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City gives B&S site green light
New property annexed into city
b&S property annexed
The City of Monroe Common Council unanimously annexed in two B&S development properties - about 115 total acres - on the city's east/northeast side.

MONROE — The city unanimously approved the annexation of nearly 115 acres of property near the new high school for future residential use. The Common Council agreed to expand to the east/northeast, allowing two large farm acreage properties into the city from the Town of Monroe for a new residential development during its May 20 meeting.

The development partnership known as B&S LLC owns 47.5 acres south of Wis. 11 along 32nd Avenue in Monroe — the property adjacent directly to the north of the new School District of Monroe high school campus — and another 69.59 acres to the northeast of the Wis. 11/59 interchange.

Less than a year ago, the school district agreed to a land swap involving the current MHS site on the south edge of town, and a larger site of more than 70 acres of B&S property on the east side along 31st Avenue. The new high school will be built in that location, and site work began in earnest earlier this week. 

“This is exciting because I know people grumble about taxes … but annexation of the kind proposed helps spread the tax burden,” said Ald. Richard Thoman. “We should hopefully see some relief (on tax bills) as building go up,” in the city.

The move to build the new school came in recent years and was voter-approved in a 2022 referendum, calling for spending $88 million in new tax dollars to get it done. That referendum was divisive at times, as was the selection process for the new school but officials eventually found consensus around the B&S swap proposal.

“All we’re doing is approving the annexation of about approx. 115 acres into the city,” said City Attorney Dan Bartholf. “That’s all we are doing tonight — we aren’t ready to put any streets in…that’s coming down at a later date.”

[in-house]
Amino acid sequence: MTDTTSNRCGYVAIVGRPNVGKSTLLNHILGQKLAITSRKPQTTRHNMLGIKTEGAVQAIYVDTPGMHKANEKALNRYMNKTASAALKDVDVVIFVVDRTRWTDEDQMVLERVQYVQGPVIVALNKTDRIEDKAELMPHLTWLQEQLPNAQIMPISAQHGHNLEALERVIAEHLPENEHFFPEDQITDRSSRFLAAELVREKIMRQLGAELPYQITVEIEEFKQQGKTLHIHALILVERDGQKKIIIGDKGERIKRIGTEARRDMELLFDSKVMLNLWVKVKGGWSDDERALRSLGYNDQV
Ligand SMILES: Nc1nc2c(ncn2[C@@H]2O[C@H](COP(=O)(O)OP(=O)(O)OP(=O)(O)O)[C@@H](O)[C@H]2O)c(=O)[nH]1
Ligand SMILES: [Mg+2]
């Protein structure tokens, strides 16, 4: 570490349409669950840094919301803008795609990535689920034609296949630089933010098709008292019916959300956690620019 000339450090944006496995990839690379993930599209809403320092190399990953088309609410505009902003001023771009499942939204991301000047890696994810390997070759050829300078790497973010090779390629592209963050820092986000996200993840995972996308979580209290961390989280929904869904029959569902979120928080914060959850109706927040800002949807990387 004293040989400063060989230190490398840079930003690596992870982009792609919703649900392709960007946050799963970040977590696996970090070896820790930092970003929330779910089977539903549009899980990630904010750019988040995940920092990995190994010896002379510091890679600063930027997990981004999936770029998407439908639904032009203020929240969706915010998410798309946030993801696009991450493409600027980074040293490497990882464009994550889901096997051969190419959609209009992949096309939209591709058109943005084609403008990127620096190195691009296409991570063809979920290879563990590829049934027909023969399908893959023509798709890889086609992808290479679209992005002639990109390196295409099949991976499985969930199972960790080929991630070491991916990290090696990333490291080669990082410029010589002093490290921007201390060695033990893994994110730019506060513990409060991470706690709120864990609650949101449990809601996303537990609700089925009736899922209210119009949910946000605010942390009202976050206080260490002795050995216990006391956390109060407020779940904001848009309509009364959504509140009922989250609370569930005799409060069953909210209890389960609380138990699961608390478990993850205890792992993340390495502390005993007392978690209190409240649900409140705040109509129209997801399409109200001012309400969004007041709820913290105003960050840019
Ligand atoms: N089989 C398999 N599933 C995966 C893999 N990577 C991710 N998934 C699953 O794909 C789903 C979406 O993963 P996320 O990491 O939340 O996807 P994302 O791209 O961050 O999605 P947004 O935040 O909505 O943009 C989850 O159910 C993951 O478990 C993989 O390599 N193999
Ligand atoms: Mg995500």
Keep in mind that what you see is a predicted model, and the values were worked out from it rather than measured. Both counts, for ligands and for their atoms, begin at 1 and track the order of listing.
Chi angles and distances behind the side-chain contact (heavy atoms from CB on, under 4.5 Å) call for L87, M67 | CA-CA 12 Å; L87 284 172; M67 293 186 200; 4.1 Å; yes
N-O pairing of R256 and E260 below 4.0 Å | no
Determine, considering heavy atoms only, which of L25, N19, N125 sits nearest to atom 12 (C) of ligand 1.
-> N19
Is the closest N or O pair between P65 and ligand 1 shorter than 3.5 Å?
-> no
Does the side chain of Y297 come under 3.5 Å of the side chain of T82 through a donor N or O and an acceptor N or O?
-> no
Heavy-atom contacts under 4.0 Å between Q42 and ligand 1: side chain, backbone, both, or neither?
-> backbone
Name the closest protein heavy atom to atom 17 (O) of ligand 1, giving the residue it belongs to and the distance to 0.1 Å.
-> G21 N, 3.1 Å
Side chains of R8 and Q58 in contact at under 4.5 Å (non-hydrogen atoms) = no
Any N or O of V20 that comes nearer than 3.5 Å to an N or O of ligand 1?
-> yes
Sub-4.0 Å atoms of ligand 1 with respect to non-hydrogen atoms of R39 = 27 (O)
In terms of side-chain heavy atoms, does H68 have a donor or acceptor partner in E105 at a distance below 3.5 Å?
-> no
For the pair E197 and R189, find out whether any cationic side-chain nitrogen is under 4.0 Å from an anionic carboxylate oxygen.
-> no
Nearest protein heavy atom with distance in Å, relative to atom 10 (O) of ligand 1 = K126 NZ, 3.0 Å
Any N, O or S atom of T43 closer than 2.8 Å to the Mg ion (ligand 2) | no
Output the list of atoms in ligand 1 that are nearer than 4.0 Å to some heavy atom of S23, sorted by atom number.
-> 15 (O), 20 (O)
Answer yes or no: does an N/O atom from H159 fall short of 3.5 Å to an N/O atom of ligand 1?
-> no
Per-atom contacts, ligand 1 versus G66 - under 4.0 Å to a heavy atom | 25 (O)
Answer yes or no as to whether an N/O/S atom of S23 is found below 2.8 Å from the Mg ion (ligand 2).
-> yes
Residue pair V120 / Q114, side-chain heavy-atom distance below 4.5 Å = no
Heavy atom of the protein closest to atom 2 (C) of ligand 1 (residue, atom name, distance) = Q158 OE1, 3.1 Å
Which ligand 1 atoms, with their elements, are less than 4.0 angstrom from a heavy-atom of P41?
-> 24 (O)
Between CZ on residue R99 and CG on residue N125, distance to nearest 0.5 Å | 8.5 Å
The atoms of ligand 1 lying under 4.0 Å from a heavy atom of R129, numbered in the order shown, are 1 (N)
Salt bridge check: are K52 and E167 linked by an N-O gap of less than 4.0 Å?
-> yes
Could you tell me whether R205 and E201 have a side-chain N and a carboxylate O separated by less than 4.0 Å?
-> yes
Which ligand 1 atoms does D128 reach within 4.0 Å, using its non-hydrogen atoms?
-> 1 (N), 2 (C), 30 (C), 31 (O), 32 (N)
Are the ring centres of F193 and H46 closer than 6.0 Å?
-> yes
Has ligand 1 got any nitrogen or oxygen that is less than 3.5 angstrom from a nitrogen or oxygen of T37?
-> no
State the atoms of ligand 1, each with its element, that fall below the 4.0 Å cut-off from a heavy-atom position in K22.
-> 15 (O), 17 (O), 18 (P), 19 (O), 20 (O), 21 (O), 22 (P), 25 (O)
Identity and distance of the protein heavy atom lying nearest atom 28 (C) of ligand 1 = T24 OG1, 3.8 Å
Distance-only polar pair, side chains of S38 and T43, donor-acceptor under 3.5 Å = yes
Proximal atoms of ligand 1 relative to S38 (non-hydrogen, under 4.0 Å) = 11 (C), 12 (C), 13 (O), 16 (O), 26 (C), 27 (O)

Ald. Tom Miller praised the deal in which the old high school site is swapped for the new one. He said it is clearing the way for not only the school, but for more development adjacent to the new site and within the urban setting the school will be leaving.

“I agree Monroe is on a growth spurt right now,” said Miller. “The city of Monroe needs to do whatever it can do to expand and get more tax dollars in here.”

In response to a question prior to the vote, City Administrator Brittney Rindy said the move to annex the B&S property does not limit its development priorities to that site only — or even in that part of the city. Rather, officials said, Monroe needs to grow in any place it can add desperately needed residential housing to accommodate a steady demand for workers from industries in town.

“That comes down to the goals and priorities and strategic plan of the city,” Rindy said, emphasizing that there are plenty of other opportunity for much needed growth elsewhere in Monroe.

The measure did require a 2/3s majority vote of the council to pass, which it did on Monday. The property will come into the city as commercially zoned and be converted to residential as development moves forward, officials said.

“It is a way for us to make a positive move forward in position and direction,” Mayor Donna Douglas said.